Johnson triggers wreck, then wins Clash at Daytona
DAYTONA BEACH, Fla. (AP) — Jimmie Johnson’s youngest daughter prays every night for Daddy to win a race. When Johnson scuffled through the worst season of his career, he felt the strain of not reaching victory lane.
“It was putting some pressure on me,” Johnson said.
Johnson called the invocation “cute to hear.”
He didn’t feel the same about critical comments saying Johnson was past his prime. The 43-year-old Johnson tweeted “I’m far from done” in the offseason, and with a risky move in the rain, he showed there’s plenty left.
Johnson triggered a wreck that wiped out nearly the entire 20-car field at Daytona and zipped to the lead to win the rain-shortened exhibition Clash on Sunday.
The seven-time Cup Series champion failed to win a race for the first time in his career in 2018, but a dose of aggression put him back in victory lane during the opening weekend of Speedweeks. Johnson’s win capped a banner day for Hendrick Motorsports: teammates William Byron and Alex Bowman locked in the front row for the Daytona 500 earlier in the day in qualifying.
“It’s been a pretty awesome day,” Hendrick said. “I hate we had the wreck there at the end, but it’s been a really good day for the team.”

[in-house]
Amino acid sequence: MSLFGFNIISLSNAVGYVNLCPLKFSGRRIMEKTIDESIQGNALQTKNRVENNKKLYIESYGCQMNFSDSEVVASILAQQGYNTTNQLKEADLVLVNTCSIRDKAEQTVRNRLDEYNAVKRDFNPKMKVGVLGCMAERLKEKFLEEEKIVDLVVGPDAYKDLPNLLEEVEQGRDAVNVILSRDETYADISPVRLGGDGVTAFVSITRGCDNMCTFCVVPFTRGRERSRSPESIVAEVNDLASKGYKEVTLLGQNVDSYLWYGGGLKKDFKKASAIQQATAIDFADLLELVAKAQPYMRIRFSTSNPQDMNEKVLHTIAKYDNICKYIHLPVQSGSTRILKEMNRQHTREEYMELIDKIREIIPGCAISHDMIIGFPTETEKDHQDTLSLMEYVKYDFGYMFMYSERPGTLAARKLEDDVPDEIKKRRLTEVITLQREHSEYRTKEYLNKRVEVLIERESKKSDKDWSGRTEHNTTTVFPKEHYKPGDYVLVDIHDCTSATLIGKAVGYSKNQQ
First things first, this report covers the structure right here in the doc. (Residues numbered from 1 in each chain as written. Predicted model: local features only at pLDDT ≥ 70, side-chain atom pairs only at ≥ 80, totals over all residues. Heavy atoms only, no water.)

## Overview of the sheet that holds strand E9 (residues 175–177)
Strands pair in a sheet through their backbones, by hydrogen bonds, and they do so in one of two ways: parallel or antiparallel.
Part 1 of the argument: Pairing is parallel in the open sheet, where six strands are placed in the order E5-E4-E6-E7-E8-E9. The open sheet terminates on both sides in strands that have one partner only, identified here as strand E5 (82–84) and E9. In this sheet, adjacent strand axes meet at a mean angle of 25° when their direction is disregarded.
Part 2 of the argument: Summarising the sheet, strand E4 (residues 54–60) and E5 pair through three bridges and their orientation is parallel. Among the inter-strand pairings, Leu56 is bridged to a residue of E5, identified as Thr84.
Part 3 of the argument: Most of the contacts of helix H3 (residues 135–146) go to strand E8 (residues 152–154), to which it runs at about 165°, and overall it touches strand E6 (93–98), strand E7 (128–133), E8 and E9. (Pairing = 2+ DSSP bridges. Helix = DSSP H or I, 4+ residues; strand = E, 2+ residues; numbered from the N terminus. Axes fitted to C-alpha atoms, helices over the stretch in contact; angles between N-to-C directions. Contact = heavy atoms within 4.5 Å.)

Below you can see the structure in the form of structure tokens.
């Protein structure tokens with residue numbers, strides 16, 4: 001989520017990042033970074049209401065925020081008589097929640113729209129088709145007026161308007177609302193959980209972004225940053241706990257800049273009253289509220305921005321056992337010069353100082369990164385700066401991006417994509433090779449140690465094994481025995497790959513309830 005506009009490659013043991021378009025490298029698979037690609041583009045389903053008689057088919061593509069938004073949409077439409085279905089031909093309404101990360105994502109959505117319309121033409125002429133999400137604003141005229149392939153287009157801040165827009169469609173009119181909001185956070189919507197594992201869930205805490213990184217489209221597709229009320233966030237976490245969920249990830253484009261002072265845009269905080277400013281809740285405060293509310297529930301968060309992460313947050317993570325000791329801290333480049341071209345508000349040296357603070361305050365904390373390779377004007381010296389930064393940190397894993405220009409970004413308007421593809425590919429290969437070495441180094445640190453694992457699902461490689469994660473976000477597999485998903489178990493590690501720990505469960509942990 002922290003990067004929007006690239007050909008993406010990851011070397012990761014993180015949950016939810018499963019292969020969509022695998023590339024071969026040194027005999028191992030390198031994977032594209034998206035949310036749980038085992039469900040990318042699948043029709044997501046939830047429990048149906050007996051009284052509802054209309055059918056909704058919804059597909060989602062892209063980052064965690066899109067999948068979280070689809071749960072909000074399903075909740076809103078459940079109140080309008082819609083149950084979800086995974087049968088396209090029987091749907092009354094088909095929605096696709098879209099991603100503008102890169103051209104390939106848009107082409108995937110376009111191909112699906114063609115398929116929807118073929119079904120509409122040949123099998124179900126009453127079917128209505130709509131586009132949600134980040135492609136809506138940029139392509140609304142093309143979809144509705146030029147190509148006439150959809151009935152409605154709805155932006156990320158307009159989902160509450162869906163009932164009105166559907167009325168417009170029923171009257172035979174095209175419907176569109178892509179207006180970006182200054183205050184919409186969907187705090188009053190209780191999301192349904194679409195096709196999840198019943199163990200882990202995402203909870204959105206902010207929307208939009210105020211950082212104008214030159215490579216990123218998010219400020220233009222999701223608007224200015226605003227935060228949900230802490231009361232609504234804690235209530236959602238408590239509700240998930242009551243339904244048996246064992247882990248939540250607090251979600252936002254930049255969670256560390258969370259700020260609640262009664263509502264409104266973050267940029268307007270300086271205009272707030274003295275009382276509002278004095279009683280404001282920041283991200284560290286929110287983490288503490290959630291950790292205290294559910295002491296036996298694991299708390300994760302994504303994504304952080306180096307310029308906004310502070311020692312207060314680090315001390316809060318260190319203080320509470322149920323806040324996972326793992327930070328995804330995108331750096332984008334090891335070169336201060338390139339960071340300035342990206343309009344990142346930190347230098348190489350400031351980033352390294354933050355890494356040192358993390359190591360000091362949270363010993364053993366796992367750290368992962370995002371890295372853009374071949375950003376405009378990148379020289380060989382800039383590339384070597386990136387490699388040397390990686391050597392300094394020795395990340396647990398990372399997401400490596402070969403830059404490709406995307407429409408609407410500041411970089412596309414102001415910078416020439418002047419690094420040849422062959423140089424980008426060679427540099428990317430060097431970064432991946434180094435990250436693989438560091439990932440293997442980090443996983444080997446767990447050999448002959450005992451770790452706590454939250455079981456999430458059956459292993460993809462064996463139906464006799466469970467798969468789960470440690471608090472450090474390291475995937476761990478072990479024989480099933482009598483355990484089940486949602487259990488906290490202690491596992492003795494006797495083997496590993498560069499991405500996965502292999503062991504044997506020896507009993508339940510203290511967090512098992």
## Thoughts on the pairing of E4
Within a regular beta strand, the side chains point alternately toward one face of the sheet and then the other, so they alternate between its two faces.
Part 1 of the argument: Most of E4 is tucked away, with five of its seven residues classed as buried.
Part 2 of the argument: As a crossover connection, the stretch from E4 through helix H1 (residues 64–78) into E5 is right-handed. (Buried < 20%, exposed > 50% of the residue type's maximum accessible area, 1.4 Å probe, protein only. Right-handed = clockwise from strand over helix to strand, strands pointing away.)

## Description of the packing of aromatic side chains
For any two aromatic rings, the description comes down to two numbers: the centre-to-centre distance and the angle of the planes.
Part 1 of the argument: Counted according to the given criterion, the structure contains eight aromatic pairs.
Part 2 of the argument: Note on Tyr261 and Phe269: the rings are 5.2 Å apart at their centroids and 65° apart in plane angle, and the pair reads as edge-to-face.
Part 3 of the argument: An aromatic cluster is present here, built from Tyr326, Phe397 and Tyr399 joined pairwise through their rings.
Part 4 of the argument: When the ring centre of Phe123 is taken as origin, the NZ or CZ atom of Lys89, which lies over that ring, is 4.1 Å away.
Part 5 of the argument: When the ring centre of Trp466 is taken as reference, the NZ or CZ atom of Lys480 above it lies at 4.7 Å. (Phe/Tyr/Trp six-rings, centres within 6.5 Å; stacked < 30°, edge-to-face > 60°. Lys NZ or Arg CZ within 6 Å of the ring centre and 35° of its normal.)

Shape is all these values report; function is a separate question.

The celebration at Daytona comes with a caveat: the last Daytona 500 pole-sitter to win the race was Dale Jarrett in 2000, and Johnson’s victory doesn’t count in the official NASCAR record book.
Paul Menard led 51 laps and controlled the race interrupted three times for rain. With more rain looming, Johnson dipped low and tried to side-draft Menard as they battled for the lead. But Johnson turned Menard and started a chain-reaction accident that left cars sideways and smoking behind the No. 48 Chevrolet.
“I looked in the mirror and there were a lot of cars caught up in it,” Johnson said.
The rain that ended the race hit not long after the decisive move and Johnson won for the first time with new crew chief Kevin Meendering and new primary sponsor Ally.
“I inherited a great core group of guys with the 48 team,” Meendering said. “There’s a strong foundation there, and the team really works well together, and it gels together It’s made that transition a lot easier.”
Johnson and longtime crew chief Chad Knaus split at the end of last season after seven championships. Knaus beat Johnson in the race to the first race day bash — by just a few hours. But the race to victory lane in a race that really counts comes in the regular season, and Johnson hasn’t won a Cup race since June 4, 2017 at Dover.
“We still need a points race win to say we’re back in victory lane,” Johnson said.